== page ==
TRC chief tied to scam forced to go on leave indefinitely
A Technology Resource Center (TRC) executive has been forced to take a leave of absence after whistle-blower Benhur Luy identified him as one of the conduits of detained businesswoman Janet Lim-Napoles in facilitating the release of pork barrel funds.
TRC Director General Dennis L. Cunanan, a holdover official from the Arroyo administration, has taken an “indefinite leave of absence without prejudice to the investigation,” according to Science and Technology Secretary Mario Montejo.
In its series on the alleged Napoles-run P10 billion pork barrel scam, the Inquirer reported that Cunanan (the TRC deputy director general at the time) and his boss, former Director General Antonio Y. Ortiz, were Napoles’ main contacts at the state agency.
The TRC reportedly released P580.85 million worth of pork barrel funds from three senators—Ramon Revilla Jr., Juan Ponce Enrile and Jinggoy Estrada—and 23 representatives, including Customs Commissioner Rozzano Rufino Biazon and Technical Education and Skills Development Authority Director General Joel Villanueva, to eight bogus NGOs allegedly controlled by Napoles.
Before Cunanan, two other holdover executives from the Arroyo administration have been suspended after being tagged as Napoles contacts—assistant secretary Ophelia Agawin (a Department of Agriculture official) and Erwin Krishna Santos, the president of the Philippine Forest Corp.
44 NGOs blacklisted
Montejo said that his department would conduct a thorough probe of the TRC’s pork barrel dealings which he had ordered stopped when he took over in 2010.
“We have rejected all requests to use TRC as implementing agency of pork barrel funds. We are also cooperating with the Commission on Audit which had uncovered these dubious transactions,” said Montejo even as he noted that the Napoles connections to these NGOs were only revealed a few weeks ago.
In the COA special audit of pork barrel releases from 2007 to 2009, TRC got the biggest share with P2.613 billion among the five state corporations that were used as pork conduits and have been recommended for abolition—National Agribusiness Corp., ZNAC Rubber Estates Corp. (ZREC), Philippine Forest Corp. (Philforest) and National Livelihood Development Corp. (NLDC).
Montejo said that as a result of the TRC’s own investigation of the pork barrel releases, the agency had blacklisted 44 NGOs, including the 8 Napoles-linked NGOs, which failed to liquidate the funds that they had received from various lawmakers’ Priority Development Assistance Fund (PDAF).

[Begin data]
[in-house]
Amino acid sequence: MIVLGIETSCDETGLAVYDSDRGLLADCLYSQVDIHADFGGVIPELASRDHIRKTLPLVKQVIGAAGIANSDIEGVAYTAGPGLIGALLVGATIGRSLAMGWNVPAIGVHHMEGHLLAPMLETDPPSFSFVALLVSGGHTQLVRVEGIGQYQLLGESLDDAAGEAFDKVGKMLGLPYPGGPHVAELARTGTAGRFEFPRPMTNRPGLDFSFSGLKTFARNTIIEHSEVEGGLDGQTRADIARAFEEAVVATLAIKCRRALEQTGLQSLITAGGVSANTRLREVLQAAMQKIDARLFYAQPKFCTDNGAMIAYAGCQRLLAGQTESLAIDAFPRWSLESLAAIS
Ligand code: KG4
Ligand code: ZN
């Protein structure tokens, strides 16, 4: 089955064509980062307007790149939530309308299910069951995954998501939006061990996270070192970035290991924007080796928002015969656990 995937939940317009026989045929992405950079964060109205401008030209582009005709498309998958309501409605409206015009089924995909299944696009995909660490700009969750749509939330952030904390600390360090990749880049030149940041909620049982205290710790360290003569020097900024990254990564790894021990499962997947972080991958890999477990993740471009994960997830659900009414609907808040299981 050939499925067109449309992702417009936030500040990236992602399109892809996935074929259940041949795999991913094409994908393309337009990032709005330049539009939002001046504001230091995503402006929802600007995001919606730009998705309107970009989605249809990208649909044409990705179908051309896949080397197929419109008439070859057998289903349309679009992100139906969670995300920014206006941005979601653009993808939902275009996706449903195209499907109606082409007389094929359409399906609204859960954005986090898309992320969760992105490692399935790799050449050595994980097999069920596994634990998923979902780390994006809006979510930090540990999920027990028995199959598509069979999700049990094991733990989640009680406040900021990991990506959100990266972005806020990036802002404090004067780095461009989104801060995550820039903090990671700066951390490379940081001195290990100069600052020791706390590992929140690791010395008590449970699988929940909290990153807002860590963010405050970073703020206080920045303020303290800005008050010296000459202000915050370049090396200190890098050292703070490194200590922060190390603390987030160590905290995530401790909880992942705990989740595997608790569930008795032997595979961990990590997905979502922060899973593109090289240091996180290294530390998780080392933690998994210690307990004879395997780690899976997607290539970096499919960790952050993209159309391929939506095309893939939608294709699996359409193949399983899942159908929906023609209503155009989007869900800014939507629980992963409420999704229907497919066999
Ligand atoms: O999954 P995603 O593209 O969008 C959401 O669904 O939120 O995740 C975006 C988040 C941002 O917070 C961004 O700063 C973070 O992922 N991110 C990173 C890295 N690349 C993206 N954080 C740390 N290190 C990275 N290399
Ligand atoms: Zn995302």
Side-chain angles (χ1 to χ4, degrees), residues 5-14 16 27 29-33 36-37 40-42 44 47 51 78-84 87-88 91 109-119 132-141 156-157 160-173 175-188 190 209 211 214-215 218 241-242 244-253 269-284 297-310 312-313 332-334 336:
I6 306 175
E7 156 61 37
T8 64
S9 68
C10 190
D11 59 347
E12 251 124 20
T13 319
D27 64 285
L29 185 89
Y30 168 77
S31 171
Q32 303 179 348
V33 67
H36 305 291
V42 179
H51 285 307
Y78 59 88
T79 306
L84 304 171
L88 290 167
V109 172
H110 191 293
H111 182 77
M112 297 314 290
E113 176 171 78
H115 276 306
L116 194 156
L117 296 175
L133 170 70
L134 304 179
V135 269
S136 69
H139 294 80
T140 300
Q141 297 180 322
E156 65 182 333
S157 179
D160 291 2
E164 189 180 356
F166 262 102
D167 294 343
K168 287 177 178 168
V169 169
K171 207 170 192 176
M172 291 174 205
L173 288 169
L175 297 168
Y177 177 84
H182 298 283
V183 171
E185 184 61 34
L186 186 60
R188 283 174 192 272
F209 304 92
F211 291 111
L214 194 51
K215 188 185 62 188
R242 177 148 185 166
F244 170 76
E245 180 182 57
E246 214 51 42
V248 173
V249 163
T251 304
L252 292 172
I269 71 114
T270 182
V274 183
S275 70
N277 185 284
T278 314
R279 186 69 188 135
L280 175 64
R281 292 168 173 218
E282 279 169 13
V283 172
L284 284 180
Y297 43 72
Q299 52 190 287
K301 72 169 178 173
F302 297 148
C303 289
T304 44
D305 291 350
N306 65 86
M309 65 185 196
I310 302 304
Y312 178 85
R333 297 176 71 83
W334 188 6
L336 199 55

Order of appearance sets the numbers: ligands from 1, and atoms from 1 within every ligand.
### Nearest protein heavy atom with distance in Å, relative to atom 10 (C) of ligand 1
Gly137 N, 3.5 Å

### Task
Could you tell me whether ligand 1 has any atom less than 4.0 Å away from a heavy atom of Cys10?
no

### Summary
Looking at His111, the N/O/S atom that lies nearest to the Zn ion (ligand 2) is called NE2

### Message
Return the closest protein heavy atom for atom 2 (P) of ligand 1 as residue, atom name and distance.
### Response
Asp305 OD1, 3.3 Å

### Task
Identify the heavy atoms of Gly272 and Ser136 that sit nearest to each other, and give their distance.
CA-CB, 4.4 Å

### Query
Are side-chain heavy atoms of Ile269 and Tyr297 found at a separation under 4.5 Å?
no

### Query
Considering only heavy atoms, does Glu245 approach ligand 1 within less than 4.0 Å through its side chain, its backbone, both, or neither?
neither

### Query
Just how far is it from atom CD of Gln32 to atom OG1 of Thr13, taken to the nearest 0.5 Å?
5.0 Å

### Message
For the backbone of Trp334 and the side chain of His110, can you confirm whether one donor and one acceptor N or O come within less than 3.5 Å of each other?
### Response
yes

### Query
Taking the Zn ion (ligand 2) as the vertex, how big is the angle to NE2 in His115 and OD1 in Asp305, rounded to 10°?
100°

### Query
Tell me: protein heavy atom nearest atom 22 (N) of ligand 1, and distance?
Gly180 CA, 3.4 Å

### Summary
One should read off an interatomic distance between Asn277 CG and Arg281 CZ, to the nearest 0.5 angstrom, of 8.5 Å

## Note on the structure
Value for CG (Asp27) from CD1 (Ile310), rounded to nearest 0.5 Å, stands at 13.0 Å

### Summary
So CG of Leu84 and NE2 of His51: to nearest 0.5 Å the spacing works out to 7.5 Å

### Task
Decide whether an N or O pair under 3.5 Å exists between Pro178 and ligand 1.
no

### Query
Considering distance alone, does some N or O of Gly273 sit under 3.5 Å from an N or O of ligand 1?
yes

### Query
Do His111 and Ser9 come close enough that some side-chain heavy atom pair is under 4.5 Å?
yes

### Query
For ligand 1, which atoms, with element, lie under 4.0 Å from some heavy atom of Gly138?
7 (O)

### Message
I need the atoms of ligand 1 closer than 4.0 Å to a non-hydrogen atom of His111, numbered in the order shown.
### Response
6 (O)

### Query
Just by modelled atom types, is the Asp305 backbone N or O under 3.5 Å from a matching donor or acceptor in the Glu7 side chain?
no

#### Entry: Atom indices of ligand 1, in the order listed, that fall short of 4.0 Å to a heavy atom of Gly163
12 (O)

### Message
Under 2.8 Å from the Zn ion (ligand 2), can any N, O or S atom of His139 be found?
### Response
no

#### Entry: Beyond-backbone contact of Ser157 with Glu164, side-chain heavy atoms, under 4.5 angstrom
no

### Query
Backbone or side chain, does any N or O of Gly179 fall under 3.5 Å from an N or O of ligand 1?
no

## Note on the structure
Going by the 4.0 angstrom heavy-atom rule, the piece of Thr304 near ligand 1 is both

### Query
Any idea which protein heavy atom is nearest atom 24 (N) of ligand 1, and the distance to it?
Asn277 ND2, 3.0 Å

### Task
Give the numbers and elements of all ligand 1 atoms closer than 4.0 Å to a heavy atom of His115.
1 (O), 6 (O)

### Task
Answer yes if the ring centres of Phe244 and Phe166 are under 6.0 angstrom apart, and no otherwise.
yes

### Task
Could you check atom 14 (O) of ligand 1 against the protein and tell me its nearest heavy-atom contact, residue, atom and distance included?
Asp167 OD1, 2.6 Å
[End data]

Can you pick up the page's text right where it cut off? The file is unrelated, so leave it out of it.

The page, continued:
In a letter dated Sept. 6, Cunanan said: “I believe this is the right course of action so as not to disrupt the operations of the center and to allow a full and unbiased inquiry. I do maintain that the allegations are based on pure hearsay and that no wrongdoing was committed on my part.”
Cunanan claimed that his role from 2007 to 2009 was largely “ministerial” as he had “limited official authority without capacity for involvement in any substantial transaction” under the Arroyo administration.
He claimed that Ortiz issued a memorandum that bypassed him (Cunanan) in all pork matters and that it was only when he took over Ortiz’s post that he “realized the magnitude of the transactions involved.”
According to Montejo, Cunanan has been cooperating with the National Bureau of Investigation probe of the Napoles pork barrel scam and has already appeared before the NBI special task force handling the investigation.
Montejo said that the TRC has already initiated reforms in its operations, specifically a reduction in manpower from 699 to 101, which has allowed it to remain financially sustainable for the last three years after being in the red for years.
He said the TRC has an important role in the DOST’s commercialization of technology invented by Filipino scientists, relating to medicine, nutrition, weather information dissemination, alternative transportation, and technology incubation centers.
The lawmakers who reportedly used the TRC as a conduit for their pork funds that went to Napoles NGOs were: Senators Revilla (P140 million), Enrile (P70 million) and Estrada (P50 million); and former and incumbent Representatives Villanueva (P4.3 million), Biazon (P5 million), Erwin Chiongbian (P43.55 million), Conrado Estrella III (P37 million), Samuel Dangwa (P36 million), Manuel Ortega (P34 million), Constantino Jaraula (P30 million), Rizalina S. Lanete (P24 million), Rizalina Seachon (P20 million), Edgar Valdez (P20 million), Marc Douglas Cagas (P19 million), Arthur Pingoy (P19 million), Federico Sandoval (P11 million), Salacnib Baterina (P10 million), Antonio Serapio (P6 million), Isidro Real (P5 million), Rodolfo Valencia (P4 million), Rufus Rodriguez (P3.5 million), Victor Francisco Ortega (P3 million), Arrel Olano (P2.5 million), Ernesto Nieva (P2 million), and Amado S. Bagatsing (P1 million).
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